This is particularly important when discussing ginseng since it helps explain why previous studies have yielded contradictory or inconclusive results when studying the affects of ginseng on a study group. Not only does American ginseng itself vary significantly based on its genetic lineage and environmental rearing, but the study subjects themselves have variant microbiomes that produce different, sometimes opposite, results. Undoubtedly this process is it play in other herbs and medicines as well.
Doctors and patients alike should be thoughtful about starting antibiotics—not only because of the well-publicized resistant bacteria that are proliferating thanks to overuse of those drugs, but also because, a new study illustrates, there could be serious consequences for the individual. As well as for, you know, humanity in general.
Scientists suspect our intestinal community of microbes, the human microbiota, calibrates our immune and metabolic function, and that its corruption or depletion can increase the risk of chronic diseases, ranging from asthma to obesity. One might think that if we coevolved with our microbes, they’d be more or less the same in healthy humans everywhere. But that’s not what the scientists observed.”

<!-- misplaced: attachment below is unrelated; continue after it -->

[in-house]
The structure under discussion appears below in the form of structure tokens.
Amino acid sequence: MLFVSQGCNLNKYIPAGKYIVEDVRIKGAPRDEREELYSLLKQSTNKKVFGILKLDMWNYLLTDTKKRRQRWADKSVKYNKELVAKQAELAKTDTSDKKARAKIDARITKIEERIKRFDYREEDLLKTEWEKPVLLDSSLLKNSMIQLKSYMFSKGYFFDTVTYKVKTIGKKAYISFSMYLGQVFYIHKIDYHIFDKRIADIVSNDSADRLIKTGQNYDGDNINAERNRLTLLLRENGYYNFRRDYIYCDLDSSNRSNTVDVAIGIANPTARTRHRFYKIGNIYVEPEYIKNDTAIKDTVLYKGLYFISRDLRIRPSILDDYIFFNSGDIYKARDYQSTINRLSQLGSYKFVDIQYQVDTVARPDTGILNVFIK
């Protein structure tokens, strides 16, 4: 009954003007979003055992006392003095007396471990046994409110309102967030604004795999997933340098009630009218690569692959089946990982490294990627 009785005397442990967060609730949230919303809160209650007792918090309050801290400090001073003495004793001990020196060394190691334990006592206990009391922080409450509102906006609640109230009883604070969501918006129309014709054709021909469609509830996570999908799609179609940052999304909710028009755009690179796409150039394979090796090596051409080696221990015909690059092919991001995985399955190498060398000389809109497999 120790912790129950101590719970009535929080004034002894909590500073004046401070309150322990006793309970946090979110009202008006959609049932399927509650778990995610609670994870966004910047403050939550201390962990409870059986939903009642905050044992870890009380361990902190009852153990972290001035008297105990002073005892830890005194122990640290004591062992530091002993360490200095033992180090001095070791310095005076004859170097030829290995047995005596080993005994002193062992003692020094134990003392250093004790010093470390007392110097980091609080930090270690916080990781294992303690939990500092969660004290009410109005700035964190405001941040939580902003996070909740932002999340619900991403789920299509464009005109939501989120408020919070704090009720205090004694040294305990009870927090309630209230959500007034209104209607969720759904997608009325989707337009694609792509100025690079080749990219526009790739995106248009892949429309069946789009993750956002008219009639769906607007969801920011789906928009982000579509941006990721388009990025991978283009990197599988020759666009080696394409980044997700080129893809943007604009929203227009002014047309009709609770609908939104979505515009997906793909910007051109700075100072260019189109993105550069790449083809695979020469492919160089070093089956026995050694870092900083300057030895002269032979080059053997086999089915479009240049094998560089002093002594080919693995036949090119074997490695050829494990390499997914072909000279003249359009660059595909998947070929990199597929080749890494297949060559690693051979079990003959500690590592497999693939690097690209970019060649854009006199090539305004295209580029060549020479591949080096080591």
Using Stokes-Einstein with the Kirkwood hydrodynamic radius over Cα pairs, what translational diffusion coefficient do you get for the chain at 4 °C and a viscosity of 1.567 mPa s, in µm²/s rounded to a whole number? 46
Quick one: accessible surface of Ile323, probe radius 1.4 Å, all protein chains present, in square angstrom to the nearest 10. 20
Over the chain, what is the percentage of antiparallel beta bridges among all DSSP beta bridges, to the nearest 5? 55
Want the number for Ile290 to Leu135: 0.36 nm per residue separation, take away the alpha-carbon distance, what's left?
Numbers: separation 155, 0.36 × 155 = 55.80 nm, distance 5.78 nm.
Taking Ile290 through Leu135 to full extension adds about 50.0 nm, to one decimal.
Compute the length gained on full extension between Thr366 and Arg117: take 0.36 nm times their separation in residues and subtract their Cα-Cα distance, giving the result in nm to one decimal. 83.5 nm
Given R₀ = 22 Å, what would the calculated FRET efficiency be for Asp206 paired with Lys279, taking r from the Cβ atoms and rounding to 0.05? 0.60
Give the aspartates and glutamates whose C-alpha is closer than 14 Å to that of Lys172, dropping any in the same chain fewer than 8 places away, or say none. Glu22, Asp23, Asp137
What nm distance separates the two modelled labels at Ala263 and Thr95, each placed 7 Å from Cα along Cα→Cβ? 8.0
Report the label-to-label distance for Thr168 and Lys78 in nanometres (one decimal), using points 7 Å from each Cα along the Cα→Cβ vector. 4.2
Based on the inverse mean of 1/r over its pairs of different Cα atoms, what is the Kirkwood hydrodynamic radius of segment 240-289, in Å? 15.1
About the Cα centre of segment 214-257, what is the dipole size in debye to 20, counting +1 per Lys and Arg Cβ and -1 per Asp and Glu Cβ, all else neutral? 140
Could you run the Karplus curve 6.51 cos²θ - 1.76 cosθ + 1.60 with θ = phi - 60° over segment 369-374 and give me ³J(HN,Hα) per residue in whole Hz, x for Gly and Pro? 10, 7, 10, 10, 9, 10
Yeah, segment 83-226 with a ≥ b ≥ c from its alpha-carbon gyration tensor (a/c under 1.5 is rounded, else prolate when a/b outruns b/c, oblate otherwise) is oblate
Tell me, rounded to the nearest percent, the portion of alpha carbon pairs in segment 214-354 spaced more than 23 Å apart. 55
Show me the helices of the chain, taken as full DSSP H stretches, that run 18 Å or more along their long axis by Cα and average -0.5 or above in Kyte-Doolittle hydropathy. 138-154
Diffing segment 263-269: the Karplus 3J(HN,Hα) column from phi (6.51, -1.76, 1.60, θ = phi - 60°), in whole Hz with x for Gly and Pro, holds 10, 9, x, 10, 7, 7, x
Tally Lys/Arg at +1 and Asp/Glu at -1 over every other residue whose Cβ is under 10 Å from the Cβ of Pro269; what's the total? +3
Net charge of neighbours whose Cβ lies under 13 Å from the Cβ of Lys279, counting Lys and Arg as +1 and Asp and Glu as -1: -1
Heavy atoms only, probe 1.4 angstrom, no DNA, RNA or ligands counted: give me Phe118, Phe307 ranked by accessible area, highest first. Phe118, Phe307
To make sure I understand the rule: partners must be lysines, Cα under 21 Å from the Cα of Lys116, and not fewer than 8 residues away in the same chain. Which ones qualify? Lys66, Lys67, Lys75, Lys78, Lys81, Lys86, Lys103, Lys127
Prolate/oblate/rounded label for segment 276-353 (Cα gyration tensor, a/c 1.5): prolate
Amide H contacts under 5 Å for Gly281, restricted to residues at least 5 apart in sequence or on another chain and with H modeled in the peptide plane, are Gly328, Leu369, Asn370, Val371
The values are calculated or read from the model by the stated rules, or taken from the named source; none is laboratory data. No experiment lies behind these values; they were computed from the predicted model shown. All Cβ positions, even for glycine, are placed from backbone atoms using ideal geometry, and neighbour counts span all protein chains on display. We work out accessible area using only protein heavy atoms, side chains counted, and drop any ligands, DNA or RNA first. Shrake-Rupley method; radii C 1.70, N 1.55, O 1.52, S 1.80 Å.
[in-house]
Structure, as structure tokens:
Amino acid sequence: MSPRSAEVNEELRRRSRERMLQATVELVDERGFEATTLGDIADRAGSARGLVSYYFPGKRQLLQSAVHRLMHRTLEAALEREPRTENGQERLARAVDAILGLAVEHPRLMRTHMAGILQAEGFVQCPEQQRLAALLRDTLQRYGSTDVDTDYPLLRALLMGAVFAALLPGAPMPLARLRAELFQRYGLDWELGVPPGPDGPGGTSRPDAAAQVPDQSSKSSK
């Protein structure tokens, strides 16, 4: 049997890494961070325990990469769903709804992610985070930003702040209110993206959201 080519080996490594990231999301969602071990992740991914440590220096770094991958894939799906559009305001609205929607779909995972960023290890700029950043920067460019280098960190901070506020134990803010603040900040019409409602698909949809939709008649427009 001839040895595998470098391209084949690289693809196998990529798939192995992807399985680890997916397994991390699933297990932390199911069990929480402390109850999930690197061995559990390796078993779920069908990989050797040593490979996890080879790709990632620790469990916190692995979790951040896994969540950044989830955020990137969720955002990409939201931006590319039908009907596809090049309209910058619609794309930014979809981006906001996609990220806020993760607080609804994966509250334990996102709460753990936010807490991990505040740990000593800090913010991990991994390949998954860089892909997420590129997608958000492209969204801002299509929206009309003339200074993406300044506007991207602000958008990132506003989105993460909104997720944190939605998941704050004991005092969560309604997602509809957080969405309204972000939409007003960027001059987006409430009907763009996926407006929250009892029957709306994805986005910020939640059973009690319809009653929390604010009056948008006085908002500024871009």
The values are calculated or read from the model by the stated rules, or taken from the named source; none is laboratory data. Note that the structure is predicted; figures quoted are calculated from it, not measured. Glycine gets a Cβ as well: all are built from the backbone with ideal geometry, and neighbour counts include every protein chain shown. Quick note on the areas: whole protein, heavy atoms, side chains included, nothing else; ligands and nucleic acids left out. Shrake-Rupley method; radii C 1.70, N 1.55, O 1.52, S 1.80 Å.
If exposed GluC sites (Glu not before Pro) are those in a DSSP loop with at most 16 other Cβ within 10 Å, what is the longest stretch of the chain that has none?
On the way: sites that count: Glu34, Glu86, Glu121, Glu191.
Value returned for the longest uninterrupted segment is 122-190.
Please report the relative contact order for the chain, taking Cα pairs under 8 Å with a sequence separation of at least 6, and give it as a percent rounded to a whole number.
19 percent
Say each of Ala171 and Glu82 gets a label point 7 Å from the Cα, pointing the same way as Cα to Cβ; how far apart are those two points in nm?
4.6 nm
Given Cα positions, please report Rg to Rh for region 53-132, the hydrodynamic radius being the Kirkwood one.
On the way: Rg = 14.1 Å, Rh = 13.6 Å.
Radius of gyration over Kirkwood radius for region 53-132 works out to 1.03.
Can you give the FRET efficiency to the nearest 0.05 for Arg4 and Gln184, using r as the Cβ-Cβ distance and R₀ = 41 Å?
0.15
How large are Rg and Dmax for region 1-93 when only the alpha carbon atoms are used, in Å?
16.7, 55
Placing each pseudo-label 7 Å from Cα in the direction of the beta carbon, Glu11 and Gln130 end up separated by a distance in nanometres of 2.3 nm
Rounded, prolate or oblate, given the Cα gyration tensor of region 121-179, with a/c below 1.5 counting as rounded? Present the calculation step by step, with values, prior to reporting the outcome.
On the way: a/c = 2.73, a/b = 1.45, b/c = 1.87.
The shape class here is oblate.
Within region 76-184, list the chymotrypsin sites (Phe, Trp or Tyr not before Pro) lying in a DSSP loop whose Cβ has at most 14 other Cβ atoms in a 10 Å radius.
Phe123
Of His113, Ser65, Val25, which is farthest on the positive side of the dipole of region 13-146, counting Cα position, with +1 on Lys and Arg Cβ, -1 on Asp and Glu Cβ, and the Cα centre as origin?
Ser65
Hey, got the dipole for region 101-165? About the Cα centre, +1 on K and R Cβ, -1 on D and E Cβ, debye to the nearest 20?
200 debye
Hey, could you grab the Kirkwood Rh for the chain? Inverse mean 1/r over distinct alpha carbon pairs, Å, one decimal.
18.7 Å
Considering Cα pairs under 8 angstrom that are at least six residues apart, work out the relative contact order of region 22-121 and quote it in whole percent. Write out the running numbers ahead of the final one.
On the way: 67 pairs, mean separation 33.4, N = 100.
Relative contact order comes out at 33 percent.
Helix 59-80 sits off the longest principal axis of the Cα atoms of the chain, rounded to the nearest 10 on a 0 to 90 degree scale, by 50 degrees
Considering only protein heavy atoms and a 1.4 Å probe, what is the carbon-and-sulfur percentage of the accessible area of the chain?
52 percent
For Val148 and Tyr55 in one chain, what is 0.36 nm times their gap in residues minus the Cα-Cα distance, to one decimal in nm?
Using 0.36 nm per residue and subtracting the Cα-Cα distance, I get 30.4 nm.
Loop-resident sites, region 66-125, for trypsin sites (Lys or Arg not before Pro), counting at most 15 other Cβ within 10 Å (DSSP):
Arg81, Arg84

The data analysis revealed a high level of variability in glucose responses to identical meals among participants. Because they standardized some of the meals, the researchers were able to verify that the glucose response to the same meal for the same person at the same time of day was consistent—yet between participants, responses to the same meal could be very different.
“The best estimates suggest that fully half of antibiotic prescriptions may be unnecessary.” Based on my experience I would put that number closer to 70%.
“A recent study in the Journal of the American Medical Association found that doctors treat 71 percent of bronchitis cases with treated antibiotics. They know this is wrong because bronchitis is usually caused by viruses. Yet they prescribe antibiotics anyway, usually at the patient’s behest.”
“Meal times have more effect on circadian rhythm than dark and light cycles … and circadian rhythm in turn affects the function of many genes in the body”, is a line from the previous article I shared on the importance of eating on a regular schedule.
Of all the health management practices one could consider there are few more important than observing this regularity.
There are plenty of concerns in the field of applied microbes for agriculture. One is whether any product that is successful on one farm will be equally successful on another. Then there’s the concern about releasing microbes into new environments, which means that regulatory agencies are demanding extensive environmental tests before certifying new products. Ian Sanders believes—he’s sure—that these microbes will be critical to meeting the world’s future food needs.